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July 07, 1977 - Image 7

Resource type:
Text
Publication:
Michigan Daily, 1977-07-07

Disclaimer: Computer generated plain text may have errors. Read more about this.

Thursday, July 7, 1977

-,Ht MAI(--lUtVUAIY

Page Seven

--hur-d-y- Julyi7, 1977l111IE M1L1I11IIIIIIIIIIPage IIeIen

Postmaster indicates Council kills porn bill

possible rate increase

WASHINGTON (AP)-Postmas-
ter General Benjamin Bailar
proposed yesterday to boost
first-class postage rates to 16
cents for businesses but allow
individuals to continue paying
13 cents.
Bailar made no recommenda-
tion on ending Saturday mail
deliveries as a cost-cutting mea-
sure but said the idea still is
under serious consideration.
HE SAID the dual rate sys-
tem for first class mail could
almost erase the Postal Serv-
ice's $1 billion a year deficit,
making the service close to self-
sufficient.
To qualify for the 13-cent "cit-
izen rate," a letter would have
to have either the return or
delivery address handwritten.
Roth addresses would have to
include zip codes, and the en-
velope would have to be of a
standard sh'ape and size that
postal-processing m a c h i n e s
could handle.
A person could use the special
13-cent stamp on an envelope
provided by a creditor for pay-
ing bills as long as the return
address was handwritten.
BAILAR indicated that no spe-
cial procedures would be estab-
lished to assure that businesses
were not using the 13-cent "cit-
izen rate." Instead, businesses
and other heavy mailers basical-
ly would be trusted not to abuse
the arrangements, he said.
But he added that businesses
probably would find it too costly
to hand-address mail they now
type. He said the Postal Service
would "look at the situation" if.
abuses become a problem.
If inflation is curbed and the
Postal Service can make cuts
in its costs, Bailar *said, "the 13-
cent for the individual could
have a long life." It is 18 months

old now.
ALSO IN the package of rate
changes he proposed to the Pos-
tal Service board of governors
was a new special rate for sec-
ond-class mail, such as maga-
zines and newspapers, if the
mail is sorted before going to
the post office.
Bailar said the offer of a
cheaper rate to second-class
mailers who pre-sort their mail
and meet several other condi-
tions "was an attempt to recog-
nize and deal with some of the
competition we face" from pri-
vate firms selling magazine de-
livery services.'
The board said it would act on
the package Monday. If the
board approves it, as expected,
the Postal Rate Commission
would have 10 minths to ap-
prove or reject the rates.

(Continued from Page 1)
you ready to give over to this
sort of thing, like Boston and
other cities have?"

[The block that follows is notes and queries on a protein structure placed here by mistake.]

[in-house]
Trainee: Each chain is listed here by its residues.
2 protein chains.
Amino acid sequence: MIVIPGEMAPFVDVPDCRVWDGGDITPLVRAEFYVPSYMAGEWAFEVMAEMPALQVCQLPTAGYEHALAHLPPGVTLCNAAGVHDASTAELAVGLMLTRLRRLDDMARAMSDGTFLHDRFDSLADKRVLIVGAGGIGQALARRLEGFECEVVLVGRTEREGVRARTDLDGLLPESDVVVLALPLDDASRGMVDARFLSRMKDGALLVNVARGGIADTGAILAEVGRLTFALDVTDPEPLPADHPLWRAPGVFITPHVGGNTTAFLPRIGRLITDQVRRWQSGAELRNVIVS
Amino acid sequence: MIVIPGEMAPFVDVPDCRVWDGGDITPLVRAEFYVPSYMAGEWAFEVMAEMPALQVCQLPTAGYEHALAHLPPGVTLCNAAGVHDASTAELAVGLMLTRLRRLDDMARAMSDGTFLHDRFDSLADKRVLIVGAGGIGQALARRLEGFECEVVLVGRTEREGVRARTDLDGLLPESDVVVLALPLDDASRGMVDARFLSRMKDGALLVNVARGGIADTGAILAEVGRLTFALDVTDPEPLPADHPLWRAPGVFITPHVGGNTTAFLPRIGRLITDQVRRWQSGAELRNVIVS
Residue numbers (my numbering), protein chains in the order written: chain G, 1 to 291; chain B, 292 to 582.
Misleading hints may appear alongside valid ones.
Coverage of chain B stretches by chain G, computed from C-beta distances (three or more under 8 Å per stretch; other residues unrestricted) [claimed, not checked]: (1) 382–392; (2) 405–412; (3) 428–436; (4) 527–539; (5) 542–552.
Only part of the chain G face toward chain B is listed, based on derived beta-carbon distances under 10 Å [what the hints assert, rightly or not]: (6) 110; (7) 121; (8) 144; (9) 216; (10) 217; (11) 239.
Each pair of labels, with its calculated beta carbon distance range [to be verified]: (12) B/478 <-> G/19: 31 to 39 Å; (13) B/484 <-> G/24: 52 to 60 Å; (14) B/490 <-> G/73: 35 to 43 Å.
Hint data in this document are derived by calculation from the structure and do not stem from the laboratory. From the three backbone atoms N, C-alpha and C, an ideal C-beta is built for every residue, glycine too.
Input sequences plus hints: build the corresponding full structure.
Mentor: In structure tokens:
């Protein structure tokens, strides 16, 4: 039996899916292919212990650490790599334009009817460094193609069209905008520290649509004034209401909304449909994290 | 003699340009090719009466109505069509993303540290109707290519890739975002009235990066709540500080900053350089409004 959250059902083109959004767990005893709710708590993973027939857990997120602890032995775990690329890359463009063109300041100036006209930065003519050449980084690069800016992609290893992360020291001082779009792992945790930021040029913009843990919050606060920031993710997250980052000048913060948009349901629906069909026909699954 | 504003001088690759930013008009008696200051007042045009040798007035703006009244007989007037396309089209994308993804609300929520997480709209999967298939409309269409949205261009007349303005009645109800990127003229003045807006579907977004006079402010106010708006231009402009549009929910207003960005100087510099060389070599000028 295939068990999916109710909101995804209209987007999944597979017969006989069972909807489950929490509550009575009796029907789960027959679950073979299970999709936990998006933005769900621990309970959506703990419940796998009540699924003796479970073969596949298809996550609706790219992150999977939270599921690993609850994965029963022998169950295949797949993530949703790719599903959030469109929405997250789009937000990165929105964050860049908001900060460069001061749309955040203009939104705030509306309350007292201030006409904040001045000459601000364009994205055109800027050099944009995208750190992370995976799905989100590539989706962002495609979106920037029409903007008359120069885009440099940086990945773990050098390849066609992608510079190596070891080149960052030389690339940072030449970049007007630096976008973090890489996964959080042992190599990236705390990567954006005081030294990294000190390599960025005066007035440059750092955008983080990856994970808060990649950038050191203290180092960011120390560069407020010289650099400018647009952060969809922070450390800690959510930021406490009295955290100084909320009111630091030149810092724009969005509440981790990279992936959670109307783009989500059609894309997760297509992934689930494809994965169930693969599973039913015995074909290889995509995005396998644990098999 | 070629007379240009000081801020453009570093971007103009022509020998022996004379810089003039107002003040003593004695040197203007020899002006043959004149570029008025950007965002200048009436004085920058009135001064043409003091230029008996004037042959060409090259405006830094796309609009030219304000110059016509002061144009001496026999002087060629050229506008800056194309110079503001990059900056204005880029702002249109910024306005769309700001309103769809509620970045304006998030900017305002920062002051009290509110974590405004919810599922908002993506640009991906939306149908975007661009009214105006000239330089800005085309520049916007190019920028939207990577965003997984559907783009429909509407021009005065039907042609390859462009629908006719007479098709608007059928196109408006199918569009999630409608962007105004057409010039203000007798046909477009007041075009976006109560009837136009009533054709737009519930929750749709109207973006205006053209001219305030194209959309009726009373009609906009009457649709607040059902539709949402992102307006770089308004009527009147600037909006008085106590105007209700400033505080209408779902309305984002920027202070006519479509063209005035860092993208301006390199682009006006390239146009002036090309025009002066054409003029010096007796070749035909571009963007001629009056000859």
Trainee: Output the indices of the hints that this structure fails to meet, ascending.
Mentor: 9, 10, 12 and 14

COUNCILMAN Belcher pulle4
the rug from under his fellow
Republican's proposal, when he
announced, during the discus-
sion before the vote,. that he
would soon be offering his own
anti-pronography ordinance.
Belcher said his ordinance
would act to remove publica-
tions or illustrations revealing
genetilia or breast areas from
the view of public thorough-
fares. His proposal would pro-
vide for the removal of adult
magazines from the view of the
general public in all stores that
handle the material.
The third section of the pro-
posal will provide for the licens-
ing of massage parlors to in-
sure "minimum qualifications

for masseuses."
BERTOIA SAID he did not
like Belcher's proposal because
he preferred a more "surgical
approach" to the problem. "We
can deal with this problem more
easily by cutting it out," said
Bertoia, "rather than just giv-
ing it a little cosmetic ap-
proach."
In other action the Council,
by an 8-2 margin, overrode
Mayor Albert Wheeler's veto of
the Sculpture Park Development
soon to be located downtown.
The park, which will be lo-
cated at the intersection of Cath-
erine and Detroit Streets and
Fourth Avenue, will provide a
location for a sculpture that re-
sembles a gateway. The sculp-
ture is currently the property of
Ann Arbor Tomorrow, a group
concerned with the revitalization
of the downtown area.

WHEELER objected to the
use of f e d e r a l government
money, through the department
of Housing and Urban Develop-
ment's (HUD) Community De-
velopment Block Grant (CDBG).
The mayor mentioned that
HUD secretary Patricia Harris
has said that the CDBG funds
should only be used to for "the
maximum feasible benefit to
lower income groups.
"I DON'T think any citizen of
lower income in this city is in-
terested in construction of this
park," said Wheeler.
Wheeler threatened 'to ap-
proach the local regional office
of HUD to appeal Council's d:-
cision.
Councilman Louis Belcher was
incensed by Wheeler's remarks
and heatedly accused the mayor
of usurping the city charter and
"running to Washington, ask-
ing them to run the city."

IS N OPACNI
...Unless You Plan it That Way
method of contraception that best fits your health and lifestyle.

"No
thanks,
Ydlratfer
iave
an ajpyfe:'
can:erty

But family planning means a lot more. Like-
" making sure you're healthy before, during,
and after pregnancy
* counseling and helping solve fertility
problems for couples who want to have
children but can't
* counseling and assisting men in their role
in family planning
" counseling young people on their problems
and how a baby will affect their health and
their lives

Familyjlanning~mreansmore than you may
haverthouyght
For help or information, contact the family
planning clinic in your communjty, your local
healtl lJoartment, or your own physician.
U S, DEPARTMENT OF HEALTH,
1 EDUCATION, AND WELPARF
Publie HeaitS Service

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